(Bloomberg) -- Kazakhstan has filed a claim against the giant Kashagan oil venture for about 2.3 trillion tenge ($5.1 billion) in environmental protection fines, according to the Ecology and Natural Resources Ministry.

The ministry accuses the North Caspian Operating Company, which runs Kashagan, of keeping more than double the amount of sulfur permitted on the site, the ministry said in response to questions from Bloomberg. 

NCOC didn’t immediately respond to a request for comment. Earlier this month, the operator said it manages “production and storage of sulfur responsibly, and in accordance with the requirements of the legislation of the Republic of Kazakhstan, as well as in accordance with applicable standards and best practices.”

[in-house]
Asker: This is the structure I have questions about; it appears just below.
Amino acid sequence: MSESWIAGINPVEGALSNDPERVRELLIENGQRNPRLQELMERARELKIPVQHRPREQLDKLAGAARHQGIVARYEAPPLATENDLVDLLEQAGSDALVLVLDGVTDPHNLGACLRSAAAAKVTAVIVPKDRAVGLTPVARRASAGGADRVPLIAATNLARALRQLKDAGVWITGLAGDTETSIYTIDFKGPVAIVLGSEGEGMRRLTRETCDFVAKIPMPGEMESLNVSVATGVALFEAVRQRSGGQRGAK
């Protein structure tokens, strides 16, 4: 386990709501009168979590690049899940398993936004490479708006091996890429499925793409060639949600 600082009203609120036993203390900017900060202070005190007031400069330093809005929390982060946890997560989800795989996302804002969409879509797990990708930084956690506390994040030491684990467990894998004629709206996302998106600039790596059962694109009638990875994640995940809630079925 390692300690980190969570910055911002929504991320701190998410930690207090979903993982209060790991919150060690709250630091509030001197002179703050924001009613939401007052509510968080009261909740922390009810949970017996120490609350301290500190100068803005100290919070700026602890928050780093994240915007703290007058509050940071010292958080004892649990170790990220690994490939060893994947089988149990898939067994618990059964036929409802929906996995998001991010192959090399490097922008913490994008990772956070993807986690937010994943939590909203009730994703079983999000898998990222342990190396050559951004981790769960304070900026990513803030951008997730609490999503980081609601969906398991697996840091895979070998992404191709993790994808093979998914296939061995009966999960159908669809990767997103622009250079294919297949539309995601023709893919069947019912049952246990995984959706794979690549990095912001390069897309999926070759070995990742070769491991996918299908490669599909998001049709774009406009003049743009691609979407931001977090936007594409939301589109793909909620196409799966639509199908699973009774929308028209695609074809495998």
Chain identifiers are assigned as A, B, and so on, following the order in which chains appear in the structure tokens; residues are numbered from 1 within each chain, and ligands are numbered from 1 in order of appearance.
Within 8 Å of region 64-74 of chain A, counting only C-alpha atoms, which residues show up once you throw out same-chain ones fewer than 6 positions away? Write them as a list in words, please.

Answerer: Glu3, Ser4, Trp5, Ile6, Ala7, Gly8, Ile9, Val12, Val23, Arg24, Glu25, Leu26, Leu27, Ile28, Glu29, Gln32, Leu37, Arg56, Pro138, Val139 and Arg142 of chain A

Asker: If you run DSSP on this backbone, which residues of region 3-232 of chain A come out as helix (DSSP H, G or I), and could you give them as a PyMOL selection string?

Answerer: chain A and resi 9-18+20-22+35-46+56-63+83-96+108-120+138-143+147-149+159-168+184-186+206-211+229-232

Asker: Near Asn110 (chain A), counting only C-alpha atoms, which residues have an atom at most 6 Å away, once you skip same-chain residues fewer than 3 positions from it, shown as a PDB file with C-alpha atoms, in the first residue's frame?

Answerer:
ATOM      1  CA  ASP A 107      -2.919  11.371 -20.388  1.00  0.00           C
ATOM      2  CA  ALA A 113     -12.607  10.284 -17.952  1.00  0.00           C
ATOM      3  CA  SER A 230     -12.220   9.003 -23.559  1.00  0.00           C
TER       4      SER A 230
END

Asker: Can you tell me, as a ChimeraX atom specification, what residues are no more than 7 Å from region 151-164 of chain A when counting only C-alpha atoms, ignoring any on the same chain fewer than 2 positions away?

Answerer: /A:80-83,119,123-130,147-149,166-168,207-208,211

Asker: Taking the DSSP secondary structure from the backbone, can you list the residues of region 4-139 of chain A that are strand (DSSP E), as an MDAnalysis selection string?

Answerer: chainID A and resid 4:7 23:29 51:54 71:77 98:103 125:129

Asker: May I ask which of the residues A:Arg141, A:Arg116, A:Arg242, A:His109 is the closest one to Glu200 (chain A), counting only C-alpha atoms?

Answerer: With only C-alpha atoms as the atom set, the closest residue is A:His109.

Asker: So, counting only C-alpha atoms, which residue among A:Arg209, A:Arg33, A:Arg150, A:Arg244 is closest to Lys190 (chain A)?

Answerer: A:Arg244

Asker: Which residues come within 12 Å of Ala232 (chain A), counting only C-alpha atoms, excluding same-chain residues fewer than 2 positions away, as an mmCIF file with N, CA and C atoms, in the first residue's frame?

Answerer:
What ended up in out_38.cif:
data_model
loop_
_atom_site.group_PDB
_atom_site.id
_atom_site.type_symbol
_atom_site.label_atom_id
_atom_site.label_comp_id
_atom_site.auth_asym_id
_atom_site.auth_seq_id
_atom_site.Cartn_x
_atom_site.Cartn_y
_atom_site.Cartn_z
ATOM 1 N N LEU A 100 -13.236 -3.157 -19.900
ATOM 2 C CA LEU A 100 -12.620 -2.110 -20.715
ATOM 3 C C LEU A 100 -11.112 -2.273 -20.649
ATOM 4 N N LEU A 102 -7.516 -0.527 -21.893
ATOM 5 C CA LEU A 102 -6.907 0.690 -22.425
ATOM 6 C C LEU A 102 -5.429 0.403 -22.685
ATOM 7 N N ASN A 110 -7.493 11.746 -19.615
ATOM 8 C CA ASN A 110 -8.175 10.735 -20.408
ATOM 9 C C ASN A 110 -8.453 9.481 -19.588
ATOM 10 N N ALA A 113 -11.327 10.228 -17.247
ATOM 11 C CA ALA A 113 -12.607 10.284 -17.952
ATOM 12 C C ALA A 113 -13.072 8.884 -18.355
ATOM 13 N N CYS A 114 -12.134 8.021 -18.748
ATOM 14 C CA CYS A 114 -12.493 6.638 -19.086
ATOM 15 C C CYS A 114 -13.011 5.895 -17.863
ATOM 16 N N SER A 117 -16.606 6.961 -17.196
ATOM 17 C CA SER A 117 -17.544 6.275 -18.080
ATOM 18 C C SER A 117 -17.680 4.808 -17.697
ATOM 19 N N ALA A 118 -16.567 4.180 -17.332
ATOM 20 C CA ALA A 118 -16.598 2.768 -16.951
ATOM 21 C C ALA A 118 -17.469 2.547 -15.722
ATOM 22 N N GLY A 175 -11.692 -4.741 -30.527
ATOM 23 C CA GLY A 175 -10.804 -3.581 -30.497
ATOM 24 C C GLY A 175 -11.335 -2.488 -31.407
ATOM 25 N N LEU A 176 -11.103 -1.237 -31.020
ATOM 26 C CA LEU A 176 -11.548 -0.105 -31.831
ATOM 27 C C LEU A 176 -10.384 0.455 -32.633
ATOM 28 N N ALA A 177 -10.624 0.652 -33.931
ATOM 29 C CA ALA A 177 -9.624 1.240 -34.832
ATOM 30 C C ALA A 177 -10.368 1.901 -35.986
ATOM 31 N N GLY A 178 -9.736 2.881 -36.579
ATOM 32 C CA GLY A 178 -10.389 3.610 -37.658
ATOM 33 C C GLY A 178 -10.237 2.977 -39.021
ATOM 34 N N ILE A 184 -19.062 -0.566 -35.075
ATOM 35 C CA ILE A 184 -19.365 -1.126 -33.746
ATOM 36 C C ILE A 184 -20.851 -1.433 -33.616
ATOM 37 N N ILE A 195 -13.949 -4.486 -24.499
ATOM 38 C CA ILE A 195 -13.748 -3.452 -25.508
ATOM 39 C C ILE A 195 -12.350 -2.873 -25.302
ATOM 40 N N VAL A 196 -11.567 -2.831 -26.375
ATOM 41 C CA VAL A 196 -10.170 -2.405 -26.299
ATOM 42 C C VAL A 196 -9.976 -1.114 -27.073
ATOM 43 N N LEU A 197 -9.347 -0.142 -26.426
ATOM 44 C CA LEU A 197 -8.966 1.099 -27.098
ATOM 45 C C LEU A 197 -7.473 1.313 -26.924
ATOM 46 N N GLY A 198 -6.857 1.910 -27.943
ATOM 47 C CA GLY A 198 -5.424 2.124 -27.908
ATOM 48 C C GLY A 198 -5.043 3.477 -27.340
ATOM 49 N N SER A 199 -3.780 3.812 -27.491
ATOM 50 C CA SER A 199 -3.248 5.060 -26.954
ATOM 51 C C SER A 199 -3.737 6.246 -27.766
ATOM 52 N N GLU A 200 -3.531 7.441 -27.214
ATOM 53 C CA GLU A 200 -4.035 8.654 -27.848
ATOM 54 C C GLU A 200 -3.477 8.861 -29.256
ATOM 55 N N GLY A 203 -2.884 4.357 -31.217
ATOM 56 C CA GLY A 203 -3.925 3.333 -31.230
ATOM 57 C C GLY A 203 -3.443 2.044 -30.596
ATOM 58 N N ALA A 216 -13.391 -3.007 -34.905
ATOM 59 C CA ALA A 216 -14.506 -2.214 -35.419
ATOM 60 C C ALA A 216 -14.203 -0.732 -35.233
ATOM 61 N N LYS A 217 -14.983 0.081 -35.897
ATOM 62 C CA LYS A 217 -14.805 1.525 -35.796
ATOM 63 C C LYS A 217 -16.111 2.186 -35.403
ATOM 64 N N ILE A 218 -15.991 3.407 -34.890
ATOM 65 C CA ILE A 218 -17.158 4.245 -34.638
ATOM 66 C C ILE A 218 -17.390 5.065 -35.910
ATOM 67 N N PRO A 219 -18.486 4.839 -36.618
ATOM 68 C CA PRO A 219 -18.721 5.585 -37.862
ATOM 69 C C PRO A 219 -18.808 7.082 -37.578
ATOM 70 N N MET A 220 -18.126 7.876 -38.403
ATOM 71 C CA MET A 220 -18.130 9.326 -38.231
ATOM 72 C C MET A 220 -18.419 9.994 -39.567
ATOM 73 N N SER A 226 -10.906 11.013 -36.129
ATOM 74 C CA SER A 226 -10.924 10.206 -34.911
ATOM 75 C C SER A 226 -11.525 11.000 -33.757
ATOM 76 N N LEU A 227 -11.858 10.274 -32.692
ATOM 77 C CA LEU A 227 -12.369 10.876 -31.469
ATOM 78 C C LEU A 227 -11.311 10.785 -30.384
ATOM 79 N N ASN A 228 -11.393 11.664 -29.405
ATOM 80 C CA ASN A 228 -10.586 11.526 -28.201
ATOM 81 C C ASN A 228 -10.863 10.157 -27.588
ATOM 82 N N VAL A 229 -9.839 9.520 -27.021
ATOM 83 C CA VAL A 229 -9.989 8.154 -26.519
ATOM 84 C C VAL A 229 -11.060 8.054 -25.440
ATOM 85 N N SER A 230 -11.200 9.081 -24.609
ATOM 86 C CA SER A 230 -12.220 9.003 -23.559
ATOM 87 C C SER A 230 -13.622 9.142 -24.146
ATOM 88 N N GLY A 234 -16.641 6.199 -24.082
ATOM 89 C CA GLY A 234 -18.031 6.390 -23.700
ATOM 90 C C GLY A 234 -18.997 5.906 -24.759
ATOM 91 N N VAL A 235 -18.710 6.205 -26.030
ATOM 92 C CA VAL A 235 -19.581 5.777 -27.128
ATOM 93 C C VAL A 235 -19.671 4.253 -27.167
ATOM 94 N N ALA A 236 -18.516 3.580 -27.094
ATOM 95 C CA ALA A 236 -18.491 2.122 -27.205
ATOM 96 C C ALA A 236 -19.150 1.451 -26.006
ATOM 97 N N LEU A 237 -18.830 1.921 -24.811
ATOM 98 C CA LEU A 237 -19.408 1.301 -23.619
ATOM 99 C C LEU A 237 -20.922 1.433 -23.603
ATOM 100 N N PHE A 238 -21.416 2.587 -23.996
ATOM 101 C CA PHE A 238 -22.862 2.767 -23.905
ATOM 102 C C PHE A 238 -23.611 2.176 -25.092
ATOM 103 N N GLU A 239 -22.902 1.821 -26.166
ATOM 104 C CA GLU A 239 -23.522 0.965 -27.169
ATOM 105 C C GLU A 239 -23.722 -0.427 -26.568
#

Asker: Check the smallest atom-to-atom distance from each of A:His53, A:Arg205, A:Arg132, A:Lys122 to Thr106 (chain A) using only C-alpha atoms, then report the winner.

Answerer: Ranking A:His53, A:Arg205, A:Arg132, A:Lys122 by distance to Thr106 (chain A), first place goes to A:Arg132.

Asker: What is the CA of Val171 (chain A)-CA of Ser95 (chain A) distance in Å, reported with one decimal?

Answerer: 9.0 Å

Kazakhstan is Central Asia’s largest energy producer and an increasingly important alternative to Russian crude supplies for Europe since the invasion of Ukraine. In Kashagan, companies have invested more than $50 billion. The partners in the development are Shell Plc, Exxon Mobil Corp., Eni SpA, TotalEnergies SE, China National Petroleum Corp., and Inpex Corp. as well as Kazakhstan’s state-run KazMunayGas National Co.

The demand for the environmental fine comes as Kazakhstan is looking for ways to assert greater control over NCOC, a person close to the project said earlier this month.

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